Weekly News Roundup (22 November 2015)
Gonna be a short one this week, as news just wasn’t that forthcoming. While I was scouring the web for news, I did manage to do a bit of informal research on PCs, specifically gaming PCs. To my surprise, a decent rig these days is still quiet expensive, if not even more expensive than a few years ago when I last did my research. Lower volume sales of PCs and component equals higher prices? Perhaps, but I was also surprised that the range of products available hasn’t really reduced as a result, in fact, it seems to have increased. It all seems fairly unsustainable, but I still have a soft spot for PC gaming that I can’t quite get rid of, even if the value proposition (compared to say buying a decent game console like the PS4 or Xbox One) is probably at its lowest ever.
On with the news …
A new study from Sweden once again confirms that pirates are the best customers. Or more precisely, those that love music and movies will buy more than the more casual listener/viewer, but they will also illegally download more content as well.
Also not particularly surprising was the finding that legal services, like Netflix and Spotify, have really shaken up the piracy market place, and that almost a majority of users now readily pay for content compared to when these legal services weren’t available. So it’s clearly a case of people willing to pay for content, but only if the “right” service (right in terms of pricing, usability) is there to deliver it. And as for the argument of users only migrating from being leechers on piracy networks to being leechers on Spotify’s free plan, this doesn’t seem to be true as 54% of online music listeners are happily paying for content in Sweden (40% for video, up from only 14% just a year ago).
Of course, the money these users are paying might not all end up in the hands of the major labels and studios, but it’s hardly the fault of Spotify and Netflix that not only do they exist, but also exist outside of the control and ownership of these very same labels and studios. In other words, had the MPAA and RIAA members spent less time suing single mothers and students, and instead invented their version of Netflix and Spotify, they would be the ones making most of the money right now.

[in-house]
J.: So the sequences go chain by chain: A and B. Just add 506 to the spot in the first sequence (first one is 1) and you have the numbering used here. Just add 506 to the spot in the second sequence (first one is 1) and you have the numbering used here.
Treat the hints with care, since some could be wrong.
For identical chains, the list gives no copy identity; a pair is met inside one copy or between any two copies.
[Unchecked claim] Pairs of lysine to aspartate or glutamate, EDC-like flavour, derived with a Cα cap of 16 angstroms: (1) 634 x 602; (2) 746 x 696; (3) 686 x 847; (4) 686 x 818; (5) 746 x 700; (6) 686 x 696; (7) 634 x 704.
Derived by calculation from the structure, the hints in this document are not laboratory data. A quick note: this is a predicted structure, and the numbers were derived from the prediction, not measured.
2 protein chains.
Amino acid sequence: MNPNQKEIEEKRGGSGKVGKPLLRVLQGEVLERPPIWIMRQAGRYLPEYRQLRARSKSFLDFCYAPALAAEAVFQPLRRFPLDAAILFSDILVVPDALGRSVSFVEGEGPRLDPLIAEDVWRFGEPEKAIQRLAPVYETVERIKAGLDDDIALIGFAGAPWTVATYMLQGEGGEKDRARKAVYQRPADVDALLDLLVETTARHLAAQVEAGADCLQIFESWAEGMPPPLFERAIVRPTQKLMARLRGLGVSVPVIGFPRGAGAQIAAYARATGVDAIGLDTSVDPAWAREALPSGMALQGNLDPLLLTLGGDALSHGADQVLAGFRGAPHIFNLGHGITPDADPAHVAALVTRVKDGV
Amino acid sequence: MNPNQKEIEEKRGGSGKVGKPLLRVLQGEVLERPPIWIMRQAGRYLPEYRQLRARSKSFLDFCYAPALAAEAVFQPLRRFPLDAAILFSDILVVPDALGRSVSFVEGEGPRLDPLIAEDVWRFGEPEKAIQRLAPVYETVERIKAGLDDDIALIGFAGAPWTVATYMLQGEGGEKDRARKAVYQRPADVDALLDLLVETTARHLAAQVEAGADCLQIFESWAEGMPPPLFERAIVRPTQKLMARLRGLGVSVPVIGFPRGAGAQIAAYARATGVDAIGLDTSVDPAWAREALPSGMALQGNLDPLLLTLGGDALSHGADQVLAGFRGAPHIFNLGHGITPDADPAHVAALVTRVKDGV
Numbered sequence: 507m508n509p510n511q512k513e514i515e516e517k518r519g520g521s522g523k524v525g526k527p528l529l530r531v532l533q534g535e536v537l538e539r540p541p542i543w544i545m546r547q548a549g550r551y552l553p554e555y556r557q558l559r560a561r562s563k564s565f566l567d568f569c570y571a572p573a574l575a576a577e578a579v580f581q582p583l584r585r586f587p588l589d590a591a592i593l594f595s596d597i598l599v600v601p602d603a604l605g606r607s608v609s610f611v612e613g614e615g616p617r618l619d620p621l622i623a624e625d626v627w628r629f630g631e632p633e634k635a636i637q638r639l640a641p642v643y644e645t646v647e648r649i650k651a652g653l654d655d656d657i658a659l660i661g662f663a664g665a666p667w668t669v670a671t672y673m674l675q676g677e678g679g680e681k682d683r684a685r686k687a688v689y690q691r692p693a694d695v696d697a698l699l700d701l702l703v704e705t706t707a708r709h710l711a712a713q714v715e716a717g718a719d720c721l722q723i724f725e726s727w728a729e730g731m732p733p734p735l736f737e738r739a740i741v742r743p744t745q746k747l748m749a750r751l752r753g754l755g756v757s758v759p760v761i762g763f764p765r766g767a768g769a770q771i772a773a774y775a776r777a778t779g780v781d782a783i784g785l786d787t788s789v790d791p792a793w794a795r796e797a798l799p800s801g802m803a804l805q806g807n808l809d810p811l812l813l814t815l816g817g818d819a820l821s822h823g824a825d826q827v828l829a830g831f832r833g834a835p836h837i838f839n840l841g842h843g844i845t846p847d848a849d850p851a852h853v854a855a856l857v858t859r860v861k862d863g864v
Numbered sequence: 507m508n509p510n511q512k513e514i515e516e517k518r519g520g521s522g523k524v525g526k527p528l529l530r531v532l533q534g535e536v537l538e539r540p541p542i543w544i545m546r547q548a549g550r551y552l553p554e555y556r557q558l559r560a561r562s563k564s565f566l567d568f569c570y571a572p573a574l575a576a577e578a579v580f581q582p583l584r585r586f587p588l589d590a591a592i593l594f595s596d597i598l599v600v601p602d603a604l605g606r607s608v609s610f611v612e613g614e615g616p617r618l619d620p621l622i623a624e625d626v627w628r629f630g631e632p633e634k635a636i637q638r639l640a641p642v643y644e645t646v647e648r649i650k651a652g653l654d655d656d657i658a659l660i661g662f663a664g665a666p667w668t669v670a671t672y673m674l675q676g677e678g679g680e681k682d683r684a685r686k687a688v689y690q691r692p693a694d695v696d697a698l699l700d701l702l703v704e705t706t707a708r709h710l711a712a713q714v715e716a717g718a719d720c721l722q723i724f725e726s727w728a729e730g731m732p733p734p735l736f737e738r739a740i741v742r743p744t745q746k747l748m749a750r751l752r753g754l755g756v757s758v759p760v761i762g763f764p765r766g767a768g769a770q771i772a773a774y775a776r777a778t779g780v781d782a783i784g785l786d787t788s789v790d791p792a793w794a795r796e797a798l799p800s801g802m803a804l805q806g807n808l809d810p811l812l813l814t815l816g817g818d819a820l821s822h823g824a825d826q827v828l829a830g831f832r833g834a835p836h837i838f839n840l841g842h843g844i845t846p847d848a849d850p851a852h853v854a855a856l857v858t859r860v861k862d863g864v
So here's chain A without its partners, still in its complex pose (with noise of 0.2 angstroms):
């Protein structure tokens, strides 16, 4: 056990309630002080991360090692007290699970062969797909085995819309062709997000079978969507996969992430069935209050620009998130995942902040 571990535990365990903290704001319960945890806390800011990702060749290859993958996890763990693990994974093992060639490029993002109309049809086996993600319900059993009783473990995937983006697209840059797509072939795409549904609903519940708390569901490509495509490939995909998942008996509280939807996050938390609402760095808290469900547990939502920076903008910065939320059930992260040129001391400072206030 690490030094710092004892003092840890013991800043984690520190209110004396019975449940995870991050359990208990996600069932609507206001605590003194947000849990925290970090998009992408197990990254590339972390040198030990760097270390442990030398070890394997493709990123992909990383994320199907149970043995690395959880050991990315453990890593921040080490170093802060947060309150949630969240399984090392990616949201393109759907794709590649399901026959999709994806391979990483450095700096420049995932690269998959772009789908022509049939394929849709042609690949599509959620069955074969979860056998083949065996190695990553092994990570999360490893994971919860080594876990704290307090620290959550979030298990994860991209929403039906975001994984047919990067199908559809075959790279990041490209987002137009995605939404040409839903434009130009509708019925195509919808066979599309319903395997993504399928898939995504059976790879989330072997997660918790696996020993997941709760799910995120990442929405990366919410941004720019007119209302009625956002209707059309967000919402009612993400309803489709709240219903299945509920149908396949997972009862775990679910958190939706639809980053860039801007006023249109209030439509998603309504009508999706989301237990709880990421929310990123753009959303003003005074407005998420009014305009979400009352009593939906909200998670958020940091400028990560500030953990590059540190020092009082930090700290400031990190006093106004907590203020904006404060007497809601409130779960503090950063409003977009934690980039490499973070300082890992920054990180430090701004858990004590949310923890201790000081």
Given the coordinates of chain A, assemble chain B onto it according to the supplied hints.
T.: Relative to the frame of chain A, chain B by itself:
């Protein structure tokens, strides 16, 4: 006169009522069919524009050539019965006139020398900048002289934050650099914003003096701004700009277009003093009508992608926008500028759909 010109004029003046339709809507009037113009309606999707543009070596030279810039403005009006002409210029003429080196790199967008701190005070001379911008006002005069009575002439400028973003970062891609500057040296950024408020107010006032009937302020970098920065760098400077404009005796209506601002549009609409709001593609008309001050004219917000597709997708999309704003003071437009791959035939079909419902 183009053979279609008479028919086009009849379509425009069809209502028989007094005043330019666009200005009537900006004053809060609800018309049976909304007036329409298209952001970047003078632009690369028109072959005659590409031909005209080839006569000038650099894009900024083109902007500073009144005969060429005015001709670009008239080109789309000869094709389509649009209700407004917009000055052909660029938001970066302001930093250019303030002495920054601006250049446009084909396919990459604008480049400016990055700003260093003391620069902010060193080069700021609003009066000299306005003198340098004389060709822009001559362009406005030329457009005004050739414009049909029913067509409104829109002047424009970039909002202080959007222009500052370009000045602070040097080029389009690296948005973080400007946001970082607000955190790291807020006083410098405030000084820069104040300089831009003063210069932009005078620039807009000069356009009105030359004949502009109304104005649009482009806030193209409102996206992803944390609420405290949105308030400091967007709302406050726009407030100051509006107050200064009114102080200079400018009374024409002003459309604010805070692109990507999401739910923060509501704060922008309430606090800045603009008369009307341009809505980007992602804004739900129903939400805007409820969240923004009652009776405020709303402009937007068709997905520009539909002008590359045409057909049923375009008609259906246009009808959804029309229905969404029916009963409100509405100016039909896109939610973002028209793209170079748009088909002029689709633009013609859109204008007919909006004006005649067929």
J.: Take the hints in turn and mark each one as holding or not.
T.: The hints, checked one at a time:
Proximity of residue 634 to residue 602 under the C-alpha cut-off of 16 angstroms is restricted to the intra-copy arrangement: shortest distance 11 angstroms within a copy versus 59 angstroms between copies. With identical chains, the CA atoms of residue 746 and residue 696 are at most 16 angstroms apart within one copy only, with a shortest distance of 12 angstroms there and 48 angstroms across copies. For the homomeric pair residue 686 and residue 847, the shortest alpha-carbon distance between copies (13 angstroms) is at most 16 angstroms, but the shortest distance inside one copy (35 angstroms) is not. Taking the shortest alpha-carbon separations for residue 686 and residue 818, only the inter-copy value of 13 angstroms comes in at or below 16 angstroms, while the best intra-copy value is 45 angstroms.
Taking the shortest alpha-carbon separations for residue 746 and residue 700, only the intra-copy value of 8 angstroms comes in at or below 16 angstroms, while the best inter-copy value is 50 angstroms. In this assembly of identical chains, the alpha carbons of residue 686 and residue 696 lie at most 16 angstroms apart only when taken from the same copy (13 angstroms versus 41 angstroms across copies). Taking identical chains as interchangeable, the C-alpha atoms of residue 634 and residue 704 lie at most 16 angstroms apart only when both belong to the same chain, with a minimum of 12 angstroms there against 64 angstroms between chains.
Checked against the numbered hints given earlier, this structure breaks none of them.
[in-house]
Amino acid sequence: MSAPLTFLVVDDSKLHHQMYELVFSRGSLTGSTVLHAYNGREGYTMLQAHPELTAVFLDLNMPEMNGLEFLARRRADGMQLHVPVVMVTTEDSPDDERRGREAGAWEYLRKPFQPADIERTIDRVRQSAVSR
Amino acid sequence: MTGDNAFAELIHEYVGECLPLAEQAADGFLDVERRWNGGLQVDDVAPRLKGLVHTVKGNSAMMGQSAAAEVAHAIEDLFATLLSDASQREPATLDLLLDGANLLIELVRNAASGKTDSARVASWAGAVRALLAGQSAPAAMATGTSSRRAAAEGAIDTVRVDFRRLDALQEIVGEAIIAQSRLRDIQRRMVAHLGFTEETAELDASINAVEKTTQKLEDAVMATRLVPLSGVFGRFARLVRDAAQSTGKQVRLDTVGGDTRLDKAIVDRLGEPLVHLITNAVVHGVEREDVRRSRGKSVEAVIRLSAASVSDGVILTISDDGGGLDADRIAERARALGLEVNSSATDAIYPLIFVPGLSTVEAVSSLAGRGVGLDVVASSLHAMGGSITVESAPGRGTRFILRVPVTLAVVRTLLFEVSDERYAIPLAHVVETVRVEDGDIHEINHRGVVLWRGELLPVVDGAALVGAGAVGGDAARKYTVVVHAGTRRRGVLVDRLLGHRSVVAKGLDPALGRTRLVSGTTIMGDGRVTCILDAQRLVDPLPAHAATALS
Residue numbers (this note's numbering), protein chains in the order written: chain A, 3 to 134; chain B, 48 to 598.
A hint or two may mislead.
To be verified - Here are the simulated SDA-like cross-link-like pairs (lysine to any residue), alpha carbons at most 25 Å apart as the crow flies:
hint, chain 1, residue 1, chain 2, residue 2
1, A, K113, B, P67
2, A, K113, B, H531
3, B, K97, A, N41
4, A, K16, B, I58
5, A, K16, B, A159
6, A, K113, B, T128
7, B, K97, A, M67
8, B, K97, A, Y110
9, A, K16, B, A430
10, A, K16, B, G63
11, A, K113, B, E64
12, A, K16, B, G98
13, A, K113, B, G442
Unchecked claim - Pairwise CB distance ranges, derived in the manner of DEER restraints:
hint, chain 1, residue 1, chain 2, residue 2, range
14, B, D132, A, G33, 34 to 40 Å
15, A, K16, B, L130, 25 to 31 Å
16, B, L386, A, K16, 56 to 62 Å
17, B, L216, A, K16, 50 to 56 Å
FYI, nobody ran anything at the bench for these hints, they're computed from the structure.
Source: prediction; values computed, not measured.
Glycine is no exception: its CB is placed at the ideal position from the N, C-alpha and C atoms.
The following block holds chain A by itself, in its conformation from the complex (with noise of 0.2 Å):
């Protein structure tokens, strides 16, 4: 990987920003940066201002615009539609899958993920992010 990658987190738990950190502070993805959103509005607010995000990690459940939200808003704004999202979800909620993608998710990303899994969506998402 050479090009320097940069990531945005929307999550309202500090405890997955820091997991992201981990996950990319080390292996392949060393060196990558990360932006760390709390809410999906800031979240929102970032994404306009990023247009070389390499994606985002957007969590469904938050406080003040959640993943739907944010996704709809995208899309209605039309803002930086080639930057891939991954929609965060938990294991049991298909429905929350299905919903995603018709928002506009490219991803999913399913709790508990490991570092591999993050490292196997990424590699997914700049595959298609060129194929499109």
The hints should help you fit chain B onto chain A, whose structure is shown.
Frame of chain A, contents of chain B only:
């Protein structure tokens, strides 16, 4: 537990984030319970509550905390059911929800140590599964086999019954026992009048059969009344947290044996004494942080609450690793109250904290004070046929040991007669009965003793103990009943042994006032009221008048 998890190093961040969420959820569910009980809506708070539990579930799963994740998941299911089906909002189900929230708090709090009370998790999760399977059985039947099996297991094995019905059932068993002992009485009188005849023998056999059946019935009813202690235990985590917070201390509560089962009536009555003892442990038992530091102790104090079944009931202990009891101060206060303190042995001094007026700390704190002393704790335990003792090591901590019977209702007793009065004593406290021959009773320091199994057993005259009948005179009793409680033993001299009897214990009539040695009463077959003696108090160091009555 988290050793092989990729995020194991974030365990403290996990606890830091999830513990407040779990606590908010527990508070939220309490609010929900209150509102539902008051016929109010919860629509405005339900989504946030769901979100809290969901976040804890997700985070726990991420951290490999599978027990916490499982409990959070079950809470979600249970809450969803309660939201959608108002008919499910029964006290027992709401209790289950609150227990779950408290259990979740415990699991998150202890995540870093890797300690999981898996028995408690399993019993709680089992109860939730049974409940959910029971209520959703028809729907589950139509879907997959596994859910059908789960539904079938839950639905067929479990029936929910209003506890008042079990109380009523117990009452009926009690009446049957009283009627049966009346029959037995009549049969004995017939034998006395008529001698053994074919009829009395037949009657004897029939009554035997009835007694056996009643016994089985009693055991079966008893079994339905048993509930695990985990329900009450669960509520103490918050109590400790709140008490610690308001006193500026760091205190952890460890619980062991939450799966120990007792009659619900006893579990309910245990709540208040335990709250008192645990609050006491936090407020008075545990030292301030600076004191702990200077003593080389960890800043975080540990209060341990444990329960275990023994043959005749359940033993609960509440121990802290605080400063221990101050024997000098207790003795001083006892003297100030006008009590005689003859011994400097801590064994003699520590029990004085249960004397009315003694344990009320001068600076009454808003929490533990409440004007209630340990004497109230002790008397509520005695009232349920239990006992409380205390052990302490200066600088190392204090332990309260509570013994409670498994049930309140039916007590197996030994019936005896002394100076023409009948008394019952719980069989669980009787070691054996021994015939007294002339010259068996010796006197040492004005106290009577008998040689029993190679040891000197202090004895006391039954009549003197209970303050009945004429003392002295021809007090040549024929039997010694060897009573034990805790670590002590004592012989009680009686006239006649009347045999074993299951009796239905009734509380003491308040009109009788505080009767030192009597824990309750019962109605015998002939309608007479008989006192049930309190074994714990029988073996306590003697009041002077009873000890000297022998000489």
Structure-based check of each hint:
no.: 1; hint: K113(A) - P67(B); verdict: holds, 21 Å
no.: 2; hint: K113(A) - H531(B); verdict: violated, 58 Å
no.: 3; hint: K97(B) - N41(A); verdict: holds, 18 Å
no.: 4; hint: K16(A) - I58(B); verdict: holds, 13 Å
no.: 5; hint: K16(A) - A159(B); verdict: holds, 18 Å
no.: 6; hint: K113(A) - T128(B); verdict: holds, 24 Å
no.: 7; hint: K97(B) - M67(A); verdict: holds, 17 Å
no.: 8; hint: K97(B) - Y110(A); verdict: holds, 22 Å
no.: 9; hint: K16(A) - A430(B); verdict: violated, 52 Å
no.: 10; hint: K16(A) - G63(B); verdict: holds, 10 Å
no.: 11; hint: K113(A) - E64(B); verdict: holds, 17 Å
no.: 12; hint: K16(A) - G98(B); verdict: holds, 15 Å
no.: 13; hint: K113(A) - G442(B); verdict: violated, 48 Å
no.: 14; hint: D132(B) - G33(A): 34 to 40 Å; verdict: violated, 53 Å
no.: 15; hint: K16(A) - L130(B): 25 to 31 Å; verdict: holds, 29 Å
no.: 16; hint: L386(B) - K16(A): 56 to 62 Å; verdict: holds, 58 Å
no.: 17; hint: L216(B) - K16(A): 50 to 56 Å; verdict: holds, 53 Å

But it’s always easier to go after pirates than to actually come up with a good idea, even if one ends up being a futile game of whack-a-mole. Case in point, for all of the MPAA’s efforts in closing down Popcorn Time and YIFY, alternatives to both have already sprung up, and not before long, it will be business as usual for Popcorn Time users. The MPAA can close down these new alternatives too, but new ones will spring up. And eventually, the game shifts to the next level when someone invents a new further decentralised variation of Popcorn Time that will be much harder to shut down, just in time for the next Netflix or whatever to be launched by a tech company that completely disrupts the market.
Looking forward to it!
I guess it’s unfair to say the MPAA studios haven’t tried to innovate when the official launch of Ultra HD Blu-ray is nigh. It may not be the best kind of innovation, or the kind of innovation that actually meets user demand (for all things digital and not on disc), but at least it’s something. Not so impressive is the launch titles for the new disc format from Sony, which includes The Amazing Spiderman 2′, ‘Chappie’, ‘Hancock’, ‘Pineapple Express’, ‘Salt’ and ‘The Smurfs 2’. Hardly screams “must-have”.
But it’s not easy for Sony though, it’s not as if they have franchises like ‘The Avengers’ or ‘Star Wars’ or ‘Jurassic Park’ to exploit – these were the best they could do in 2015, and it’s too soon for ‘Spectre’ to be released on disc.
Still, I think the best way to view Ultra HD Blu-ray is to view it as a niche format for home theater enthusiasts and collectors. Market it like this, complete with disc packages that reflect what the typical UHD BD user wants (so more collector’s box sets), and they will be much more successful than trying to market it as a mass media format for the Average ‘Walmart’ Joe. Joe will most likely watch the same movie via streaming and download, or on DVD/Blu-ray.
And that’s that for the week. I’ll continue to do my research on the latest PC hardware (more out of interest than anything else), and see how much my potential gaming rig will cost me (right now it stands at $1500 just for the CPU, motherboard, RAM and GPU, and I could have easily doubled the amount if I wanted to). See you next week.